Parents, grocery store workers, teachers and everyone in between have had to adjust to a new normal during the current COVID-19 pandemic. No one is exempt from feeling the effects of social distancing and that includes caregivers.
Social distancing, while the best public health practice at this time, has some potentially unfortunate consequences to the health of older adult caregivers and their loved ones.
One San Antonio man is experiencing these consequences first-hand. He used to spend most days with his wife, who lives in a memory center. Now, he’s feeling distressed about not being able to assist her with meals, encourage her to walk or provide her with the social connection that was integrated into her routine.
This can leave caregivers feeling anxious and overwhelmed by the very real concern for the safety and wellbeing of their loved ones.
UT Health San Antonio’s Caring for the Caregiver program has had to discontinue all upcoming public events, including classes, workshops, socials and arts-focused events. They have adapted some of their regular programs to online formats including the choir, memory café, and recorded educational sessions.
Sara Masoud, Community Outreach Coordinator for the program offers some tips that were shared from caregivers that can help in coping with the negative side effects of social distancing:
- Take frequent walks
- Take advantage of the opportunity to get to know your loved ones more
- Go for a drive
- Take photographs in nature
- Start a gardening project
- Take small breaks and read
- Video call with family members
- Try a new recipe
One caregiver is using this time to research her family tree and sort through old photo albums with her mother who is living with dementia.
Though this time brings stress and uncertainty to many, the Caring for the Caregiver team have not stopped their mission: to improve the quality of life for family caregivers and those they care for. They immediately stepped into action by calling every family in their database living with dementia to check in on them and identify their needs.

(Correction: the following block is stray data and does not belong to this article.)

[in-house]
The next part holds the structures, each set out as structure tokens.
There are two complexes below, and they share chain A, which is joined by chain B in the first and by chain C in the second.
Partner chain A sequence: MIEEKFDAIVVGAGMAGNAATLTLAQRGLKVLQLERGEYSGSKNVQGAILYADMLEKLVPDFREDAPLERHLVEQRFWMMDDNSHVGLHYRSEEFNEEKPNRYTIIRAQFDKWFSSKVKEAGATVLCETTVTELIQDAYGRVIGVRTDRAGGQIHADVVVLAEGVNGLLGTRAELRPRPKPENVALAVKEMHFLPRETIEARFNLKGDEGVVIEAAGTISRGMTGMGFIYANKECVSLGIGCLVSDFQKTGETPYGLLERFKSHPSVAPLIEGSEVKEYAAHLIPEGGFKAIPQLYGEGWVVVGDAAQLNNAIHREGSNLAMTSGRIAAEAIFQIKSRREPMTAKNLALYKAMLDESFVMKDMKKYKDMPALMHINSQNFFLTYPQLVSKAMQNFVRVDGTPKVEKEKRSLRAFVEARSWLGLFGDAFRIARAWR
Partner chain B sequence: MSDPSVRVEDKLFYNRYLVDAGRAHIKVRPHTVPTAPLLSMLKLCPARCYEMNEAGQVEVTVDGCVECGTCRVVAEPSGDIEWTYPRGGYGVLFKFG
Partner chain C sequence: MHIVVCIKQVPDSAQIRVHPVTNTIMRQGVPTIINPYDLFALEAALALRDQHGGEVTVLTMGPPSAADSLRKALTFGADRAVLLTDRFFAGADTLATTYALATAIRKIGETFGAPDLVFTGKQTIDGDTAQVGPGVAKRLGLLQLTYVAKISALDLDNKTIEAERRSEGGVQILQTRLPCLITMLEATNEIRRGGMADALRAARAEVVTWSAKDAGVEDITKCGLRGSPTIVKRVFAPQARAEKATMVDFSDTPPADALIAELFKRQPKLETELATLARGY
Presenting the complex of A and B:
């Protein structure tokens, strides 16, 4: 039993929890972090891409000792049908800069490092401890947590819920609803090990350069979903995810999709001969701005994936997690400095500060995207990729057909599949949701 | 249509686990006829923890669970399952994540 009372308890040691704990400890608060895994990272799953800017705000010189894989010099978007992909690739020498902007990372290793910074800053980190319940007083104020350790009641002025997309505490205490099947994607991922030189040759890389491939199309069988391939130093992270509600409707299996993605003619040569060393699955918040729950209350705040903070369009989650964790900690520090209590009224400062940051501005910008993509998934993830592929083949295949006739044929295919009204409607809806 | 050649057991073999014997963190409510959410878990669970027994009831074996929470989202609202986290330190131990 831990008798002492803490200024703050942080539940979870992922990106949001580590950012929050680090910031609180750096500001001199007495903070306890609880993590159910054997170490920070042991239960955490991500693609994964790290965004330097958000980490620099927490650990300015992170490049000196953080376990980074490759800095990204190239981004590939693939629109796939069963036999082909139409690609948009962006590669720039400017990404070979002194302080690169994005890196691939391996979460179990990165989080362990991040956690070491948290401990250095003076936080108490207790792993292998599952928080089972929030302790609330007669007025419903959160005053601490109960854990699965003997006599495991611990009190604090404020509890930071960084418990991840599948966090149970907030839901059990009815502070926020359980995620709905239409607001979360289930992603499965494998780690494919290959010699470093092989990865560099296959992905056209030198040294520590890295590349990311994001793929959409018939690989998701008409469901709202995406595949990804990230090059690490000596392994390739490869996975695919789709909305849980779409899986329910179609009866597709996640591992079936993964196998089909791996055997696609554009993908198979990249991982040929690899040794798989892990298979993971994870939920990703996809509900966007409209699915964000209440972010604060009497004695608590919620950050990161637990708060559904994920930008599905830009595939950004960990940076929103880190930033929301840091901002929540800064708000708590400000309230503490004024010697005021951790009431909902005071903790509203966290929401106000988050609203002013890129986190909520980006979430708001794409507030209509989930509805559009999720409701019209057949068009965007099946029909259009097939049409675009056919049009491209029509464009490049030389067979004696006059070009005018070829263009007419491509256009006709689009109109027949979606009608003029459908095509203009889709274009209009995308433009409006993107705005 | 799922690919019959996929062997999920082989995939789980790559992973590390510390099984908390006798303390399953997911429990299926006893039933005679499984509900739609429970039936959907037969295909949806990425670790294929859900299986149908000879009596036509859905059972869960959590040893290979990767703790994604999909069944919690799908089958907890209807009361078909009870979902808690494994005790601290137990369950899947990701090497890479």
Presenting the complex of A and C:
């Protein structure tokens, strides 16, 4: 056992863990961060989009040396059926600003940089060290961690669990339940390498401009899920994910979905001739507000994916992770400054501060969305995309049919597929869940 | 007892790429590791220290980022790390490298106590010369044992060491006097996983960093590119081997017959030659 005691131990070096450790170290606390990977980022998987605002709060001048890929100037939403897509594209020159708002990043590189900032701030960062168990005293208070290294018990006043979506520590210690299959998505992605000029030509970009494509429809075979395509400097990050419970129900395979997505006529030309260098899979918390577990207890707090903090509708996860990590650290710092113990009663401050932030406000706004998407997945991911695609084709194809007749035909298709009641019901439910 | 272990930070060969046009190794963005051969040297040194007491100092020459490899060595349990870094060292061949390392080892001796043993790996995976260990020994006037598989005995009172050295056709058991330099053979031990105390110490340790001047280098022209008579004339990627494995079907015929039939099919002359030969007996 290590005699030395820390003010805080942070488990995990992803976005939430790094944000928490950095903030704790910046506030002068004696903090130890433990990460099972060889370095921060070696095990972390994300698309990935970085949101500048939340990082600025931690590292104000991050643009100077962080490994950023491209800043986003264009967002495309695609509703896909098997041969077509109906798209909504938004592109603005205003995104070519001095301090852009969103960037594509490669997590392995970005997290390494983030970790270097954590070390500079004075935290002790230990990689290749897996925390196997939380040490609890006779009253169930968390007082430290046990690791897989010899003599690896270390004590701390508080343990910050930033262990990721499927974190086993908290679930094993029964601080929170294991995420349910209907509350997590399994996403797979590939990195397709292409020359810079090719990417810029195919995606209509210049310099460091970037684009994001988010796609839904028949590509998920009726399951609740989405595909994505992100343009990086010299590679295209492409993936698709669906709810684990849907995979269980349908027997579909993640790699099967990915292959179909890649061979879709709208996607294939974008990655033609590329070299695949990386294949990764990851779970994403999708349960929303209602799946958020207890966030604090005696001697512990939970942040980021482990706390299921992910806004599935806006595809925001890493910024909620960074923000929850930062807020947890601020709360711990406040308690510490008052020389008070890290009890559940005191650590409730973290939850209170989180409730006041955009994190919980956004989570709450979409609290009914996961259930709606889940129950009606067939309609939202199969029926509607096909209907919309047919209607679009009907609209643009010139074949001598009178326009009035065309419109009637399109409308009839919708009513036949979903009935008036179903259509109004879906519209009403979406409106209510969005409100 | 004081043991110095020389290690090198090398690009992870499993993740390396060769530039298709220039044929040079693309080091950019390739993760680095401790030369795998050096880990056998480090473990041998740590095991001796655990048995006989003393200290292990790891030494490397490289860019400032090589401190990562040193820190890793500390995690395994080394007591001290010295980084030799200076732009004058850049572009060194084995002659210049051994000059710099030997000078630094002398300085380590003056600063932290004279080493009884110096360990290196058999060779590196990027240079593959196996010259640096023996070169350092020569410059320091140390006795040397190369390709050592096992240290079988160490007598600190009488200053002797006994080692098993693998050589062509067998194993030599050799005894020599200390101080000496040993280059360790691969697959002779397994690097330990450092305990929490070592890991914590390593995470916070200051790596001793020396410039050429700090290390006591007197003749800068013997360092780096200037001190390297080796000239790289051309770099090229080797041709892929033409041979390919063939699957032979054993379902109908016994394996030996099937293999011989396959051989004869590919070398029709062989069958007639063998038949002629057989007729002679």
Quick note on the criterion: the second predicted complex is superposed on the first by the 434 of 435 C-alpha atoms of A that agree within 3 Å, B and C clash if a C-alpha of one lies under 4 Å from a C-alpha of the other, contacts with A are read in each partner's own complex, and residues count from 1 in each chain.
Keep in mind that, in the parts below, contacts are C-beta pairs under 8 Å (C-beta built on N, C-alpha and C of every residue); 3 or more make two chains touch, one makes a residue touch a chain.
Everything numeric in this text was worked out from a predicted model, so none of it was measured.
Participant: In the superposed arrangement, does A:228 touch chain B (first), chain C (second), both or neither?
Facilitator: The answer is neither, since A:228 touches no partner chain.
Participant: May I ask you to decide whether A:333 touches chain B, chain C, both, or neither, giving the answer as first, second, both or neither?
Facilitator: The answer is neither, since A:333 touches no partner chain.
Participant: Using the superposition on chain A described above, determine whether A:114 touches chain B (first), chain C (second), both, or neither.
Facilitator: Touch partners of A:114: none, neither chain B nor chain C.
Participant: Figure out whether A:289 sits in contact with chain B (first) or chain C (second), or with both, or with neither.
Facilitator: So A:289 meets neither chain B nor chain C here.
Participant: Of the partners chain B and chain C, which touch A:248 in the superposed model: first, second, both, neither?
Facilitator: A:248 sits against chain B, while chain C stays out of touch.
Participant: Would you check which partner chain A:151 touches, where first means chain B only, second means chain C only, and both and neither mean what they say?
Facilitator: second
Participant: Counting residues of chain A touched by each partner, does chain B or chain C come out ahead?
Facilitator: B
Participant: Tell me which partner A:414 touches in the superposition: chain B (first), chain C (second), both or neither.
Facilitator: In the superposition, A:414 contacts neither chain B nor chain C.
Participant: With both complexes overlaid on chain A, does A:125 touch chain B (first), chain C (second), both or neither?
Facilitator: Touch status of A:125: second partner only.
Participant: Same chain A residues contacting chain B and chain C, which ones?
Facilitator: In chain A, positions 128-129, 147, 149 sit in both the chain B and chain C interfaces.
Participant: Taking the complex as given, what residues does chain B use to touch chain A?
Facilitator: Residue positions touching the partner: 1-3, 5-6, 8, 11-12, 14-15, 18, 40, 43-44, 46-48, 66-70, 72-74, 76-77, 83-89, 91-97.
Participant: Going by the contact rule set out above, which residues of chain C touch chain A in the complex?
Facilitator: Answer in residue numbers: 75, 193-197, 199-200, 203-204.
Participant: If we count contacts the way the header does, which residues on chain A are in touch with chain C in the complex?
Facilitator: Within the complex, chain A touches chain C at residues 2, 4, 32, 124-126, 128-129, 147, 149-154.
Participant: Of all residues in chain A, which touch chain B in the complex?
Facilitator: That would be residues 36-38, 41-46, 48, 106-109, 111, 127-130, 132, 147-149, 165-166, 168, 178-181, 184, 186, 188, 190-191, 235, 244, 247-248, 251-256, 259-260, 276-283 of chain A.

“From this, we have learned some important lessons about the type of support family caregivers and their loved ones are seeking at this time. We have found that these calls and any personal connection we can provide is essential to ensuring they feel supported and cared for, particularly during these unprecedented times,” said Sara.
The simple act of checking in has provided caregivers with an opportunity to talk about themselves and their needs.
Listening to their needs, the Caring for the Caregiver team compiled resources and created a space within their Caring for the Caregiver site where family caregivers can refer should they need support.
Sara encourages all caregivers that wish to sign-up for a regular newsletter, through which they will receive important updates and resources, to complete the Contact Us form on their website.
As we all look forward and navigate day to day in this reality, Sara shares a token for all of us, “one person living with dementia offered possibly the best advice from which we can all benefit: be kind to yourself.”